With the growth in mobile devices, the Internet of Things and new electronics connecting formerly-isolated systems to the Internet comes new and rapidly evolving cybersecurity risks. Security professionals now consider protecting their systems against not only bad actors from outside the trusted network but also against malicious or incautious insiders and supply chains with potentially counterfeit parts. Currently, many electronic technologies are secured using encryption. Verification that a device can be used typically is performed by authenticating the user using passwords, biometrics or similar solutions. However, user verification protections have proven compromises, and the device components may themselves be compromised. Current solutions usually increasing the time and effort needed to develop and perform a compromise – essentially trusting that a bad actor won’t have or use the resources necessary to break the security. Security is usually layered according to risk, with more valuable systems generally secured with multiple layers of increasing security. However, “bad actors” with sufficient dedication, time, and resources have been known to compromise even systems deemed very secure.
LLNL’s Intrinsic Use Control (IUC) technology significantly enhances the security of electronic devices and components within the device. The technology is designed to protect electronics against not only the outsider with malicious intent but also the knowledgeable, skilled, privileged insider with malicious intent. The IUC system can add more layers of security to existing competitive solutions and can significantly increase the time and effort required to compromise an IUC-secured system.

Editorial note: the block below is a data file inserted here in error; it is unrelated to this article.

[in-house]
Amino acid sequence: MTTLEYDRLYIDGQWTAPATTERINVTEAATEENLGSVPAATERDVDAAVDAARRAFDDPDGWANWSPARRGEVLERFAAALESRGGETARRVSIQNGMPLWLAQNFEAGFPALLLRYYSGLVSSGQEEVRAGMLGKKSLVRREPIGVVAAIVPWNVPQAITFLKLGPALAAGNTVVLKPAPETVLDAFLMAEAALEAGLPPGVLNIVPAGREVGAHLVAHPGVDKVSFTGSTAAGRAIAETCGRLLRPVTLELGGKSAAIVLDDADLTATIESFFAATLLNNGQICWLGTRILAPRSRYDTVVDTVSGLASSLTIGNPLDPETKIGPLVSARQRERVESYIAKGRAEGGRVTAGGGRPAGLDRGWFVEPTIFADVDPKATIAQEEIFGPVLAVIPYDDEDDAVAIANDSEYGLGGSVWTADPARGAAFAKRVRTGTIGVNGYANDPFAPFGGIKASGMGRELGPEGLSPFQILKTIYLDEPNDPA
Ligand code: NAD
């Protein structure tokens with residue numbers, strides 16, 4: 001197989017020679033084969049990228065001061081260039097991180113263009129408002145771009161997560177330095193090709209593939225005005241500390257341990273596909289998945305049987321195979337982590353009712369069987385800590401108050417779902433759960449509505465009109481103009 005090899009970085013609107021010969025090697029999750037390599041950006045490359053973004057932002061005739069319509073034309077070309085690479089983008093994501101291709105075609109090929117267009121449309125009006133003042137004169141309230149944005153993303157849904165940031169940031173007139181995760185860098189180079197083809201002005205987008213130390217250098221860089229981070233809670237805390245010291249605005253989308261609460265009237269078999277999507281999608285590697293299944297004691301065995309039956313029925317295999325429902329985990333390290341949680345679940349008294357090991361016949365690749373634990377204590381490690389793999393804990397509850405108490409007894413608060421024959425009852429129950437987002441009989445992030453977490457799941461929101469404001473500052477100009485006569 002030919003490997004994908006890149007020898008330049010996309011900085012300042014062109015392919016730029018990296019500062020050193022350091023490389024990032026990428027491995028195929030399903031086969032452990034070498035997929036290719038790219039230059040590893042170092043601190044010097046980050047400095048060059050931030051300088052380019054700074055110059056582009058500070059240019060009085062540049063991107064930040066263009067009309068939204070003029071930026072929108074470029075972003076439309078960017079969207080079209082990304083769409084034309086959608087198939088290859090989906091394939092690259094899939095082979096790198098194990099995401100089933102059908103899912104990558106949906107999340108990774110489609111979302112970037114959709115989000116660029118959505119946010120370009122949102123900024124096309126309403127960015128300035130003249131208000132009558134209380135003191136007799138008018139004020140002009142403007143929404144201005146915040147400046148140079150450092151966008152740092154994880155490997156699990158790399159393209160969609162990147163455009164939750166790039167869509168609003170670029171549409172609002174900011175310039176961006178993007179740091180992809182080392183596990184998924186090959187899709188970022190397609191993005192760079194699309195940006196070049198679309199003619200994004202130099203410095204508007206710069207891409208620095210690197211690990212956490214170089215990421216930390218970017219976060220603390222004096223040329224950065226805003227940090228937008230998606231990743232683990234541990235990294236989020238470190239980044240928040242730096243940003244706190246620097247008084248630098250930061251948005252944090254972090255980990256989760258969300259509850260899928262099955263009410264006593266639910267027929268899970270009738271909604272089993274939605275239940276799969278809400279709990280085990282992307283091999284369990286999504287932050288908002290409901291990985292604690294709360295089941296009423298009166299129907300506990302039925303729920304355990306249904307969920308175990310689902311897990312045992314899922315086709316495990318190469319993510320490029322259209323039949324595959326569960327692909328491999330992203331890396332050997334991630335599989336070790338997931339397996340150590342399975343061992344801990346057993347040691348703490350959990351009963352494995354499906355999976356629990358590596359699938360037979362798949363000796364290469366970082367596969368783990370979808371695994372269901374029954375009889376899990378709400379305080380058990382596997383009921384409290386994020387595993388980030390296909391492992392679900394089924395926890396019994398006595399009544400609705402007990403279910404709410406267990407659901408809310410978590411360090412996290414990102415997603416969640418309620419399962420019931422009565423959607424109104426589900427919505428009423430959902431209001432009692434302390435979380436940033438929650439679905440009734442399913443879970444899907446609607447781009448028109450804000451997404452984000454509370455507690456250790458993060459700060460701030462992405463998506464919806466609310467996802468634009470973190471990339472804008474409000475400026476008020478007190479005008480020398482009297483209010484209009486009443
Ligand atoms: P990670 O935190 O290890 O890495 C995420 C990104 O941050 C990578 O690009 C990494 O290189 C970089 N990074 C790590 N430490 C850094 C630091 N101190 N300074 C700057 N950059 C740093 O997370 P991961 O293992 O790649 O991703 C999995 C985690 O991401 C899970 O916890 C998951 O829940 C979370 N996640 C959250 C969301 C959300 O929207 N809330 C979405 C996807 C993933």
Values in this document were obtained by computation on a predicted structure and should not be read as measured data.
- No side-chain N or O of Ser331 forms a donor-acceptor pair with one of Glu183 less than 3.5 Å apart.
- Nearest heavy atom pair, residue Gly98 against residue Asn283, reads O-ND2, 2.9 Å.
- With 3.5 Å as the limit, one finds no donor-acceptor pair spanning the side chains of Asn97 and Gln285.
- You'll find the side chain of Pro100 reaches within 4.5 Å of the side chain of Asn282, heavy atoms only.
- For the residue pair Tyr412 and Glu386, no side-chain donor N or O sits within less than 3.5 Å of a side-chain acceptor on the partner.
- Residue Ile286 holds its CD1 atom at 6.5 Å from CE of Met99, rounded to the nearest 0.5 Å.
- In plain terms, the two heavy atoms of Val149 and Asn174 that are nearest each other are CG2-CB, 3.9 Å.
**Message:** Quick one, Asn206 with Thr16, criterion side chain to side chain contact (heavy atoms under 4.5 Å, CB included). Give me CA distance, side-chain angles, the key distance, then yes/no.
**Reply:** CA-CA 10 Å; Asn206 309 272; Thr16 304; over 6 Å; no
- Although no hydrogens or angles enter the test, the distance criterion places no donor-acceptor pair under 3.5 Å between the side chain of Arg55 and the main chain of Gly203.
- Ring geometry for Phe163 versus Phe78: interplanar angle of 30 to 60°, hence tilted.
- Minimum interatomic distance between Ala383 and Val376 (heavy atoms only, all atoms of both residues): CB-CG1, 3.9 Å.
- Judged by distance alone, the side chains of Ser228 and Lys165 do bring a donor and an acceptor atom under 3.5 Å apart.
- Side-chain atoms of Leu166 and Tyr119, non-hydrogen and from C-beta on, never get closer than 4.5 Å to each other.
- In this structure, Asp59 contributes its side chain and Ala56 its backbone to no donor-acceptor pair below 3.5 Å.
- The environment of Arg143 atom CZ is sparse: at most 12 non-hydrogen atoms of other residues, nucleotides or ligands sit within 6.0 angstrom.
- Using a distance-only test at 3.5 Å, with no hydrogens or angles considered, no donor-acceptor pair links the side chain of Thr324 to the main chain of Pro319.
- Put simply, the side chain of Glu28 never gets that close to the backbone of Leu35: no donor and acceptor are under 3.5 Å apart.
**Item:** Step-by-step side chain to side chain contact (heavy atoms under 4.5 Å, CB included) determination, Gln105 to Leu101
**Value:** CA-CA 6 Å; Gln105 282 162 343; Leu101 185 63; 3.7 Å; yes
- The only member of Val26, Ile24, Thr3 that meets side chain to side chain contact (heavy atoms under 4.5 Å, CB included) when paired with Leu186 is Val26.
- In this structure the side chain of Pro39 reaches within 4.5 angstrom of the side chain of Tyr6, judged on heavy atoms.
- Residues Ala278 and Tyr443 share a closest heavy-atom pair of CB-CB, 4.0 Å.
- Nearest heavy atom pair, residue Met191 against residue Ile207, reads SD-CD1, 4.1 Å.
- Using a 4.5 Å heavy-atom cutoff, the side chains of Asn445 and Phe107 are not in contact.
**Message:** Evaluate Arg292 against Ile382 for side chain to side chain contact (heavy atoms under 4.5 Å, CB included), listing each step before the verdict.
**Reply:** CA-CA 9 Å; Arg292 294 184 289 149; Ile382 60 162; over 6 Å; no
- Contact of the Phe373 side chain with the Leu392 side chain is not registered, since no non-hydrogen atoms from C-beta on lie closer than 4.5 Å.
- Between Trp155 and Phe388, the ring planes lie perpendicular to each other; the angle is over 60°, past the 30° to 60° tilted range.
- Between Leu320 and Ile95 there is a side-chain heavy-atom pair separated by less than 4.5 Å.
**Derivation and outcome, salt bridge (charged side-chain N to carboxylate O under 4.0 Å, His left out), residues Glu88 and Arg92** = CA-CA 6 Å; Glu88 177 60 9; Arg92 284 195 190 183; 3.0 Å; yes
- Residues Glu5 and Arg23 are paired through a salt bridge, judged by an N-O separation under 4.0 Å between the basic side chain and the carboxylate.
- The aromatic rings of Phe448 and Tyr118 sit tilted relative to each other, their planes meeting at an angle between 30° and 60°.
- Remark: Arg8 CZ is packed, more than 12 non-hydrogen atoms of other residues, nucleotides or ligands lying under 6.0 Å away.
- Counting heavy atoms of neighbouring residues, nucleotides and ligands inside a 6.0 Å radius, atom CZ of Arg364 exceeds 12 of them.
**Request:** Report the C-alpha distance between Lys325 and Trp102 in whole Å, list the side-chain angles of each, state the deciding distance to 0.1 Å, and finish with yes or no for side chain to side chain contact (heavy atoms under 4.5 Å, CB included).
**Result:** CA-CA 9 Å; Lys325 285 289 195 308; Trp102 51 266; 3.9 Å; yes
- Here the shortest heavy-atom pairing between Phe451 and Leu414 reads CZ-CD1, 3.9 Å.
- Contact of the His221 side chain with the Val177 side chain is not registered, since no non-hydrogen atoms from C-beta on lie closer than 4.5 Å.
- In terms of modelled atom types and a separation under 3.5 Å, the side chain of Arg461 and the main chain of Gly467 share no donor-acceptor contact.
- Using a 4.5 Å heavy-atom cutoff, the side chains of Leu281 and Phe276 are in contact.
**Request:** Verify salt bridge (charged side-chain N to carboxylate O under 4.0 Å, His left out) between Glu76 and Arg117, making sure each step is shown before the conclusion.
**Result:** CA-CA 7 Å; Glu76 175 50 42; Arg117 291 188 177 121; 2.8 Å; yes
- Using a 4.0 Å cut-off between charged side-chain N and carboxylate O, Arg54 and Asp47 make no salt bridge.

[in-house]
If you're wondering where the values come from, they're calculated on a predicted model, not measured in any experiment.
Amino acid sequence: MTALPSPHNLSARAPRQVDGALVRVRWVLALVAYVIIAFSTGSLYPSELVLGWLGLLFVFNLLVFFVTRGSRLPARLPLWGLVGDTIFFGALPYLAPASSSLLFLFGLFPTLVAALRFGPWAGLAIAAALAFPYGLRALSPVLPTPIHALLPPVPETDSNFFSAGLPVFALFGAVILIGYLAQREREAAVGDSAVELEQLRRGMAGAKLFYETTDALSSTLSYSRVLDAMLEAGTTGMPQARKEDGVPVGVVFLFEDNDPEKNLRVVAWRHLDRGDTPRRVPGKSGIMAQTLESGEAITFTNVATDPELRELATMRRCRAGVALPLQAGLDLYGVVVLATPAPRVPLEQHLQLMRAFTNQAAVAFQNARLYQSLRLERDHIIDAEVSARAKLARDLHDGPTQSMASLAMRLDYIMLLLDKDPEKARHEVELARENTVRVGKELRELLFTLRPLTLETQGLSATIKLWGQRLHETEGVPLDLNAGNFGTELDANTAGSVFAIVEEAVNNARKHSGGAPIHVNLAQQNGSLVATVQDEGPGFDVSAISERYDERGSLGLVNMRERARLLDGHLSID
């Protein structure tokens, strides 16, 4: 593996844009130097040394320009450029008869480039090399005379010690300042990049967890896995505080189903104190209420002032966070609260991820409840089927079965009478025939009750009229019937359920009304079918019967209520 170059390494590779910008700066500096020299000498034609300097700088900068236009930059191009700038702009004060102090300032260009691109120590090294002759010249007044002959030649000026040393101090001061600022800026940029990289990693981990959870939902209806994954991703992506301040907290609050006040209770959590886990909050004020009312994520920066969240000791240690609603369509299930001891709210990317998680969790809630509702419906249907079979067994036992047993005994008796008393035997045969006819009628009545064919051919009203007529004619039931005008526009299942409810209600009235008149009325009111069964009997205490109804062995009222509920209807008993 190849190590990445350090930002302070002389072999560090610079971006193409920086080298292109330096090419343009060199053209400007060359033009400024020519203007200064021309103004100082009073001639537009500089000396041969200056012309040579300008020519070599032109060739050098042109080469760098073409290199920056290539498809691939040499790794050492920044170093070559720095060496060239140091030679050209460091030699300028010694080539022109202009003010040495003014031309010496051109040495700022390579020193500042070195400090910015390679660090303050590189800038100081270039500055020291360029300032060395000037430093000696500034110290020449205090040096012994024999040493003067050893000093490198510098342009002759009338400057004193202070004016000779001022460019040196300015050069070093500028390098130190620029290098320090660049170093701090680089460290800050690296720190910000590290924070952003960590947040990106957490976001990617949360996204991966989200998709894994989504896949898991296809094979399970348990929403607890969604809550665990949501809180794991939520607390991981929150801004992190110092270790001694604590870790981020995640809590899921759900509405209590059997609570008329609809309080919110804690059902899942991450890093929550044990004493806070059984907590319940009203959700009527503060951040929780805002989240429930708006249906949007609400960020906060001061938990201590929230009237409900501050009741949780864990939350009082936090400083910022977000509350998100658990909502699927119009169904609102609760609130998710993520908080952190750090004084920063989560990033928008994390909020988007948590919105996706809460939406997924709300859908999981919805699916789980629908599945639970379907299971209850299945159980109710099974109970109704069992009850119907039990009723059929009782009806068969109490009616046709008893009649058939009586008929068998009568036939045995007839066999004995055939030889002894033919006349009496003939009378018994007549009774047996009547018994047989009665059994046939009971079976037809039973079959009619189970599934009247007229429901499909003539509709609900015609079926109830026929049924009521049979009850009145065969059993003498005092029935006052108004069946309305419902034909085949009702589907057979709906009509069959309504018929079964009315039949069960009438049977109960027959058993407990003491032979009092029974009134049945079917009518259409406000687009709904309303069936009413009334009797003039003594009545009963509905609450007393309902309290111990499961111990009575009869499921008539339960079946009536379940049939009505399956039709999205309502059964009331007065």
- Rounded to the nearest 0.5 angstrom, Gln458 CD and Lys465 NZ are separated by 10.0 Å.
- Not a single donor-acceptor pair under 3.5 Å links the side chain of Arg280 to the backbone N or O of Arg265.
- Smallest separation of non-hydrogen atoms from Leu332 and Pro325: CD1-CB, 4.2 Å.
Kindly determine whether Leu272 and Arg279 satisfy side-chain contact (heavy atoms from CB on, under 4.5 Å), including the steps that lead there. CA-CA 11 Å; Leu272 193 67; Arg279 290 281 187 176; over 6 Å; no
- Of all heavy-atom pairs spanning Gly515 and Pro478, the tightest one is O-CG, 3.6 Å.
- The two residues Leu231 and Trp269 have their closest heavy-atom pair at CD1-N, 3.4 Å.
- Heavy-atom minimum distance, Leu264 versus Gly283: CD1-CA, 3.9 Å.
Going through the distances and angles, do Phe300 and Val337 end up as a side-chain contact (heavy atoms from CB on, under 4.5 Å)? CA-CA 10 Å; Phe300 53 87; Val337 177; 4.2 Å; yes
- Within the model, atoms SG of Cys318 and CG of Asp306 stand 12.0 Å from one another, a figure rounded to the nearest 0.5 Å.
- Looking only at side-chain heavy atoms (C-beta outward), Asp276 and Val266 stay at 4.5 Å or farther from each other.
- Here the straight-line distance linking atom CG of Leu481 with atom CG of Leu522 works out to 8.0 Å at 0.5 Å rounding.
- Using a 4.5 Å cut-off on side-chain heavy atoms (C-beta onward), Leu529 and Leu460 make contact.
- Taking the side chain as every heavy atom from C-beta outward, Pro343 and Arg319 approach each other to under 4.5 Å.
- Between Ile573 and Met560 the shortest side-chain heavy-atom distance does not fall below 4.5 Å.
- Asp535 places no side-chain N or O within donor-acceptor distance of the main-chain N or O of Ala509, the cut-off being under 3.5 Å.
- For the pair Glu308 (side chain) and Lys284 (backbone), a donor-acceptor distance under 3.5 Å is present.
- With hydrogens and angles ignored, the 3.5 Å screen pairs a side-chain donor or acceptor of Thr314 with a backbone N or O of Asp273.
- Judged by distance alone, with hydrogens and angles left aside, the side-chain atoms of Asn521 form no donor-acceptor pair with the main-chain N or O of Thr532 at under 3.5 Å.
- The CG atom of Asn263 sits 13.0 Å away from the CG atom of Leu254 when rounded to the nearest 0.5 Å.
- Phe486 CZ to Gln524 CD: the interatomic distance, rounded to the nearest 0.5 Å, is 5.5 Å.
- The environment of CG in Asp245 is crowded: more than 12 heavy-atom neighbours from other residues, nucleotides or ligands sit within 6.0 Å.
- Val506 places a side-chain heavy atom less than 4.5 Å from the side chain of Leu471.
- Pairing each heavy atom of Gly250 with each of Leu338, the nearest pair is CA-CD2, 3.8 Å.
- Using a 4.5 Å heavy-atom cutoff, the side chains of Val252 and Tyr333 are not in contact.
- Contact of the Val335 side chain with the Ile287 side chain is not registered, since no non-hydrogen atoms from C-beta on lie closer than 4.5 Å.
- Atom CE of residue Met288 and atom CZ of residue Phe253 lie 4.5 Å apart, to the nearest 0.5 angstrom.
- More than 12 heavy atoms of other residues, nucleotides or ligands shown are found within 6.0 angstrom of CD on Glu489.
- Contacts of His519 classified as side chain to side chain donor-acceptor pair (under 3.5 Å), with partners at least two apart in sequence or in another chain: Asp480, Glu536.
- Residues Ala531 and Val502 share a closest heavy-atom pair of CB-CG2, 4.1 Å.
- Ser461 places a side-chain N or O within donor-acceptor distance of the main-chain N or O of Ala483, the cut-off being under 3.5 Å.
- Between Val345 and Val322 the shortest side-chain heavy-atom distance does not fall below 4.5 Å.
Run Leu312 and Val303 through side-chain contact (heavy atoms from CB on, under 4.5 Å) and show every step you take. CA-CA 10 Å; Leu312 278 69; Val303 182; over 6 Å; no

LLNL’s IUC system protects electronic systems from tampering and protects the electronic system’s components from unauthorized use. This is directly aimed at solving known issues in cybersecurity and electronic device counterfeiting.
LLNL’s IUC system can be programmed to enable a variety of responses at a component level and at the device level if verification of the authenticity of any components fails. The system can also be set up so for centralized management – keeping the initial set-up of the device and its controls during operations separate and managed outside of the device’s end user purview. For devices that may not require centralized controls, the IUC can be enabled to allow verified human operators to securely enable or disable the IUC system – an added benefit for device users who need reliable operations more than security.
LLNL’s IUC offers a significant increase in security for electronic devices.
Advantages of the IUC include: 1) substantially lower risk of any undetected compromise compared to current solutions; 2) controls within the device to minimize the “insider threat risk”, 3) tailorable functions if a device or component fails verification or if a verified operator wants to change device settings, and 4) centralized secure system management.
LLNL’s IUC can also be applied to secure mechanical hardware/software systems or information processing systems to thwart attempts in ghosting or spoofing the systems to gain unauthorized control.
As an added layer of cybersecurity protection, LLNL’s IUC technology could be integrated with any electronic device with form functions that could add another chip. This invention could be readily added to existing secure device product lines or used to create a multitude of products customized for specific markets.
LLNL has demonstrated its IUC prototype. Additional development may be necessary to tailor the IUC system for application-specific needs. LLNL has established its IUC patent portfolio and continues to file new patent applications